Within these categories, the representation of woman as mother occupies a privileged site as symptom of the patriarchal system, although the mother is herself excluded as a subject, as Marianne Hirsch has shown in The Mother/Daughter Plot. In order to explore this representation I want to examine two literary texts, Yerma and Die Frau ohne Schatten, whose delineation of the problem of infertility exposes European cultural patterns that may fruitfully be compared to anthropological evidence about other cultures. Through this comparison, I shall try to disengage the symbolic deconstruction and construction of maternity and its effects on women's subjectivity. …

The rest of this article is only available to active members of Questia

Already a member? Log in now.

Notes for this article

Add a new note
If you are trying to select text to create highlights or citations, remember that you must now click or tap on the first word, and then click or tap on the last word.
One moment ...
Default project is now your active project.
Project items

Items saved from this article

This article has been saved
Highlights (0)
Some of your highlights are legacy items.

Highlights saved before July 30, 2012 will not be displayed on their respective source pages.

You can easily re-create the highlights by opening the book page or article, selecting the text, and clicking “Highlight.”

Citations (0)
Some of your citations are legacy items.

Any citation created before July 30, 2012 will labeled as a “Cited page.” New citations will be saved as cited passages, pages or articles.

We also added the ability to view new citations from your projects or the book or article where you created them.

Notes (0)
Bookmarks (0)

You have no saved items from this article

Project items include:
  • Saved book/article
  • Highlights
  • Quotes/citations
  • Notes
  • Bookmarks
Notes
Cite this article

Cited article

Style
Citations are available only to our active members.
Buy instant access to cite pages or passages in MLA, APA and Chicago citation styles.

(Einhorn, 1992, p. 25)

(Einhorn 25)

1. Lois J. Einhorn, Abraham Lincoln, the Orator: Penetrating the Lincoln Legend (Westport, CT: Greenwood Press, 1992), 25, http://www.questia.com/read/27419298.

Cited article

The Deconstruction and Construction of Maternal Desire: 'Yerma' and 'Die Frau Ohne Schatten.'
Settings

Settings

Typeface
Text size Smaller Larger Reset View mode
Search within

Search within this article

Look up

Look up a word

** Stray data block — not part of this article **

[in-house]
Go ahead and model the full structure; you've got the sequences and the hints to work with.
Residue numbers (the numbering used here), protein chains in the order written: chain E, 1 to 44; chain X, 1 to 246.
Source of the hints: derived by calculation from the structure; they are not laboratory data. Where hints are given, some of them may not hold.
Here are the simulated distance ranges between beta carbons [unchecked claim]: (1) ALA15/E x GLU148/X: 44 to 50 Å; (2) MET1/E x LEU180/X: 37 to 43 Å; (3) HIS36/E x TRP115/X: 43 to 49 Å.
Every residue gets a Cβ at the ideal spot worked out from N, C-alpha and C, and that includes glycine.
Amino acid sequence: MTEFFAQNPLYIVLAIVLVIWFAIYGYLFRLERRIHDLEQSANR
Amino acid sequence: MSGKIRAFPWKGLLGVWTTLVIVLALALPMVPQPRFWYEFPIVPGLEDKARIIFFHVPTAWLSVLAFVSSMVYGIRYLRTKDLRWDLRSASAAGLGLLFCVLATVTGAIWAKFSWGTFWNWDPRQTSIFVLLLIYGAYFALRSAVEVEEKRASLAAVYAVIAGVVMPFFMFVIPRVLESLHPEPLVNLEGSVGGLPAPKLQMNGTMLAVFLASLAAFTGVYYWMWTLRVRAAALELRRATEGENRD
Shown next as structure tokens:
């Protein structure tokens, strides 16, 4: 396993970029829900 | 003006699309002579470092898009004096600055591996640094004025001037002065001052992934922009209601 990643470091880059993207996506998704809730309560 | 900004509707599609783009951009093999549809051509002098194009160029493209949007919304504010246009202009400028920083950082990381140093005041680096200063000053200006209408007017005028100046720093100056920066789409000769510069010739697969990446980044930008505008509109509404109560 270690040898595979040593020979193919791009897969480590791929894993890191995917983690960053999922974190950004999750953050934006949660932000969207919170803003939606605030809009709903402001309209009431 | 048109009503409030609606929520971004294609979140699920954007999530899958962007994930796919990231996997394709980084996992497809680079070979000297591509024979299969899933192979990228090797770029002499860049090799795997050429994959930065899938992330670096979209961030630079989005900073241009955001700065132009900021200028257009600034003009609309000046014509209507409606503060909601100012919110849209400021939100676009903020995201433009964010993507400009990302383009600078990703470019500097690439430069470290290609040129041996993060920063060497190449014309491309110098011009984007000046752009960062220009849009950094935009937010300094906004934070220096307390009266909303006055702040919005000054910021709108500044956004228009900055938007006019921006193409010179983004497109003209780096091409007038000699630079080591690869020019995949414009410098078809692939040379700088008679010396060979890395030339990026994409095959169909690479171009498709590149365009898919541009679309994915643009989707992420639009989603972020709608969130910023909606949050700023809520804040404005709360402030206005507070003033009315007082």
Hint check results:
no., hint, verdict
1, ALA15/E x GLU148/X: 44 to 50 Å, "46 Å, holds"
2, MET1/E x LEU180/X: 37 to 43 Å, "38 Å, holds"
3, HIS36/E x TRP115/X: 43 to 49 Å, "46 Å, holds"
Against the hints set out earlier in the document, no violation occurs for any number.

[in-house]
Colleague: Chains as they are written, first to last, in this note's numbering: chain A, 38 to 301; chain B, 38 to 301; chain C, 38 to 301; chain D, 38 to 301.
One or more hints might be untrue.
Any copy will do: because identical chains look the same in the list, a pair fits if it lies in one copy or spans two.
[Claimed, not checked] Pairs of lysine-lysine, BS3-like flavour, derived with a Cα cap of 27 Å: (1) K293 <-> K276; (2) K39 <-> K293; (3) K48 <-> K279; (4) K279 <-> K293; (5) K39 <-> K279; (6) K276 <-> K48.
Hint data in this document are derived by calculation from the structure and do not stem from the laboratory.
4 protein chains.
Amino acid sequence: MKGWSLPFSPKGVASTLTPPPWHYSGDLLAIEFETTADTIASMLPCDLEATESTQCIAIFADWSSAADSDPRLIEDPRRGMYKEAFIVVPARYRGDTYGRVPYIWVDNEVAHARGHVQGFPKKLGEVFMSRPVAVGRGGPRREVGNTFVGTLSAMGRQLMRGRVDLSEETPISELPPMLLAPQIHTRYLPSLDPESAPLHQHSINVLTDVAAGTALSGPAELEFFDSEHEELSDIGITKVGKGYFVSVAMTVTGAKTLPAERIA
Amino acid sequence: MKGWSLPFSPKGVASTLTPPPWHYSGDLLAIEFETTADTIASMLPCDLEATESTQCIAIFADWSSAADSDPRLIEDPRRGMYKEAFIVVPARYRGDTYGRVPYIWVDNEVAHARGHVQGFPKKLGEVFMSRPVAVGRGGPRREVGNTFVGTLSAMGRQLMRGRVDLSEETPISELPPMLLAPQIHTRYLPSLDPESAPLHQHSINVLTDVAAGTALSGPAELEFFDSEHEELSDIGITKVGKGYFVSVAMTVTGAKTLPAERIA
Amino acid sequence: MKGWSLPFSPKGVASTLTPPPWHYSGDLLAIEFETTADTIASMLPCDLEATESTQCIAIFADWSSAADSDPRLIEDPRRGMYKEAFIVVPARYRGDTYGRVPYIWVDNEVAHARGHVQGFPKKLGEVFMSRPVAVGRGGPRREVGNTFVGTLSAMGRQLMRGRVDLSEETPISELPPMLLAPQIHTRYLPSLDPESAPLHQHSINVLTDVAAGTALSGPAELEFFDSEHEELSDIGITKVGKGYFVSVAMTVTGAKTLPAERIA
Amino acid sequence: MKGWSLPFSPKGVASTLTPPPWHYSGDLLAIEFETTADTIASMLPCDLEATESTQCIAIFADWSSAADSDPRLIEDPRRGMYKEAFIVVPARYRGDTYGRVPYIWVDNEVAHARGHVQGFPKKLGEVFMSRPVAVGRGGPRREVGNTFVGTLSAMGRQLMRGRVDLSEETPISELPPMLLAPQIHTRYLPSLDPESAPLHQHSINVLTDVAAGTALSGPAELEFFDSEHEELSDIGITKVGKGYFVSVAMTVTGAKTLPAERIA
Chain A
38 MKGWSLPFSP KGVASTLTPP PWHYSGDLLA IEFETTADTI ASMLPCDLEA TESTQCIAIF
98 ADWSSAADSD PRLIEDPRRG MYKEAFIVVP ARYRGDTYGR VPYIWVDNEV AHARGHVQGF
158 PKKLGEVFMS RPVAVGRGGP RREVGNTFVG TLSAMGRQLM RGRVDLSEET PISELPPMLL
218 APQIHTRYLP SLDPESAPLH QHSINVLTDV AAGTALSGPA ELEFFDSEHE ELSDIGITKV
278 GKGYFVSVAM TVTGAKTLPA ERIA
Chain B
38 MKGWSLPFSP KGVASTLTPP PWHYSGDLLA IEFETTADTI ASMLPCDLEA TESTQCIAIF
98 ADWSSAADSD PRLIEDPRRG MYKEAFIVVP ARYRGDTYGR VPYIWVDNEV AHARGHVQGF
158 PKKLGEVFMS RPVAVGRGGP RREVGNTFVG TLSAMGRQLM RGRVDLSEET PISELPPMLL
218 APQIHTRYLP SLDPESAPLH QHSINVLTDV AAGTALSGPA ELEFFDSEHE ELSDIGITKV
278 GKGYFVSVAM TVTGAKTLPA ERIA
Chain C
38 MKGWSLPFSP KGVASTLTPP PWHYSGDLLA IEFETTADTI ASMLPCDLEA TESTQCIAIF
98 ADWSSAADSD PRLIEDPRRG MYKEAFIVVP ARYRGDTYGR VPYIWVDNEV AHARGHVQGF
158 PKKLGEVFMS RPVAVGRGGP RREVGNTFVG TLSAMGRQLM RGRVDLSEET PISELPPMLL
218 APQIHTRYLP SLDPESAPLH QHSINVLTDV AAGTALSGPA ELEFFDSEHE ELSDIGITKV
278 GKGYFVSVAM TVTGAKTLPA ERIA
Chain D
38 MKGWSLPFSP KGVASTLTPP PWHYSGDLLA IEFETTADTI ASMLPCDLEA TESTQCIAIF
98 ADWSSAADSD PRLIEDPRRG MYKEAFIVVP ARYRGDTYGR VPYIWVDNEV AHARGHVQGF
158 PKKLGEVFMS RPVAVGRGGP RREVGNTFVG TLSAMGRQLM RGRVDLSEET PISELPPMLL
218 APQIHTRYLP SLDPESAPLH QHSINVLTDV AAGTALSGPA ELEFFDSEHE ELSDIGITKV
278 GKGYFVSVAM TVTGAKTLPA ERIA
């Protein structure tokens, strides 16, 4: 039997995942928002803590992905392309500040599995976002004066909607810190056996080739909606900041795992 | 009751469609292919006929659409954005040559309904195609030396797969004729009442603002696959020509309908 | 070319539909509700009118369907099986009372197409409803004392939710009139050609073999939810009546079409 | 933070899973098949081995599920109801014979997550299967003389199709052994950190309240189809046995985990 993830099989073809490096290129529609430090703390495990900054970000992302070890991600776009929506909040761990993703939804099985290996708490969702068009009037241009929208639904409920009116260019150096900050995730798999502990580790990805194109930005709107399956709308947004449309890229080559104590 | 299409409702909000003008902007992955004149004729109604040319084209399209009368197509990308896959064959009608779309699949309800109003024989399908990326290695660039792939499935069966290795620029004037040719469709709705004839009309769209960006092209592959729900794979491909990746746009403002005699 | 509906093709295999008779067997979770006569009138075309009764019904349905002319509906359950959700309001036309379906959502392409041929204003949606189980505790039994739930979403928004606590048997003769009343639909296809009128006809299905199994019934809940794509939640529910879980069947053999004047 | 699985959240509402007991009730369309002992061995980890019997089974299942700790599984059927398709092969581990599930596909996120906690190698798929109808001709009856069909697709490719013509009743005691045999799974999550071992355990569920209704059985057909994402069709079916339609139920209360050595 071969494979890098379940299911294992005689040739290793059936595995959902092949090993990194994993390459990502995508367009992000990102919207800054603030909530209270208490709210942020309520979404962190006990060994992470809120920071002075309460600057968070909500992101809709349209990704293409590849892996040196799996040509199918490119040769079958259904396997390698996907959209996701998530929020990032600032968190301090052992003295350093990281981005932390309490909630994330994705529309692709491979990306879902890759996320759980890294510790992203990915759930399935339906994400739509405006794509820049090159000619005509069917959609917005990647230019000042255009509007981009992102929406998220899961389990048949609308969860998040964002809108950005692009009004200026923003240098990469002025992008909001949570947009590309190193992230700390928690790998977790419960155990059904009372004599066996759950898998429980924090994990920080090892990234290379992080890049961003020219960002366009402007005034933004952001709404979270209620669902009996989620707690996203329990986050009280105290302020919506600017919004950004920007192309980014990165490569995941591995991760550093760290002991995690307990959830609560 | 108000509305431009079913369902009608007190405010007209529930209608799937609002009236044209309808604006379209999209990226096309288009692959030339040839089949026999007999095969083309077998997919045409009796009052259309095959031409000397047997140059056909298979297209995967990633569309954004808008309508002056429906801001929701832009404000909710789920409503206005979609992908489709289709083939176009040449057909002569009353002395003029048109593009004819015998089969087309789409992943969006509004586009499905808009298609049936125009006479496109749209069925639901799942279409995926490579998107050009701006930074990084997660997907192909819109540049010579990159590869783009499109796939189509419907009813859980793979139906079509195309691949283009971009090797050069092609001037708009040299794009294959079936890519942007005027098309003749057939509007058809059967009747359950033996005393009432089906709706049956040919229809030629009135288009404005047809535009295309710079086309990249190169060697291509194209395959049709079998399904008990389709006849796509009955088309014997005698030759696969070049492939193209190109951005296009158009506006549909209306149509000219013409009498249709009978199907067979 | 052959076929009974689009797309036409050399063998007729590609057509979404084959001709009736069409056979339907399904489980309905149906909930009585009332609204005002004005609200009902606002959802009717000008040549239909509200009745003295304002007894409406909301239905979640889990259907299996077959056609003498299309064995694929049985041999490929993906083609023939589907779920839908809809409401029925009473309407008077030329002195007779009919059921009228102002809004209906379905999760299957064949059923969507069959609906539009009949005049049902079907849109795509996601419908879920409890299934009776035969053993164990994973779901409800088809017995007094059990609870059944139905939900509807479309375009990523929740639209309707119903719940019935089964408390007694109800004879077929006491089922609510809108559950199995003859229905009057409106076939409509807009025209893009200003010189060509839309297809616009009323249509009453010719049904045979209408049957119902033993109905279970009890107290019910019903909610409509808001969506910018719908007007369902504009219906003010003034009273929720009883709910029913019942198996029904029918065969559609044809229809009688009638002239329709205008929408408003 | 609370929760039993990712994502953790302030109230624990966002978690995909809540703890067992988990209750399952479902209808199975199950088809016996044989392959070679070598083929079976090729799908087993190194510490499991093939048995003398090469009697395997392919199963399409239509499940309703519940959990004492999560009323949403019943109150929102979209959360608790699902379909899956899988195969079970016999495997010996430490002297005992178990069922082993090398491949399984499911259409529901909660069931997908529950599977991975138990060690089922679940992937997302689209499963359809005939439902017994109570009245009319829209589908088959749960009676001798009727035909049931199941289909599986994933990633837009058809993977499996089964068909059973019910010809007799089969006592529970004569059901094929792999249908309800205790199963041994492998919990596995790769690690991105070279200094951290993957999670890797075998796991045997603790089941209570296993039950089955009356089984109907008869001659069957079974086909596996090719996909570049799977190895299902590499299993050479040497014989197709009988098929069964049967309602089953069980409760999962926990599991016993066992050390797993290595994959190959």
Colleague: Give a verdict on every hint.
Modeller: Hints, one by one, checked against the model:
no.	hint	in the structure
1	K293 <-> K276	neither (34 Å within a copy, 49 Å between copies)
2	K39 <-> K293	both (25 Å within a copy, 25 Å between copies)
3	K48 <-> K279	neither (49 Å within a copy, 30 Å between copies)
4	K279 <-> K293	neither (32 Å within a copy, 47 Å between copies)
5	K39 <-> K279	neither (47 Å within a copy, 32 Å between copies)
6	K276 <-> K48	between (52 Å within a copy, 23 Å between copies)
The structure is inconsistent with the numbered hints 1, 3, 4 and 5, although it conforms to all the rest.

• Dictionary
  • Thesaurus
Please submit a word or phrase above.
Print this page

Print this page

Why can't I print more than one page at a time?

Help
Full screen

matching results for page

    Questia reader help

    How to highlight and cite specific passages

    1. Click or tap the first word you want to select.
    2. Click or tap the last word you want to select, and you’ll see everything in between get selected.
    3. You’ll then get a menu of options like creating a highlight or a citation from that passage of text.

    OK, got it!

    Cited passage

    Style
    Citations are available only to our active members.
    Buy instant access to cite pages or passages in MLA, APA and Chicago citation styles.

    "Portraying himself as an honest, ordinary person helped Lincoln identify with his audiences." (Einhorn, 1992, p. 25).

    "Portraying himself as an honest, ordinary person helped Lincoln identify with his audiences." (Einhorn 25)

    "Portraying himself as an honest, ordinary person helped Lincoln identify with his audiences."1

    1. Lois J. Einhorn, Abraham Lincoln, the Orator: Penetrating the Lincoln Legend (Westport, CT: Greenwood Press, 1992), 25, http://www.questia.com/read/27419298.

    Cited passage

    Thanks for trying Questia!

    Please continue trying out our research tools, but please note, full functionality is available only to our active members.

    Your work will be lost once you leave this Web page.

    Buy instant access to save your work.

    Already a member? Log in now.

    Author Advanced search

    Oops!

    An unknown error has occurred. Please click the button below to reload the page. If the problem persists, please try again in a little while.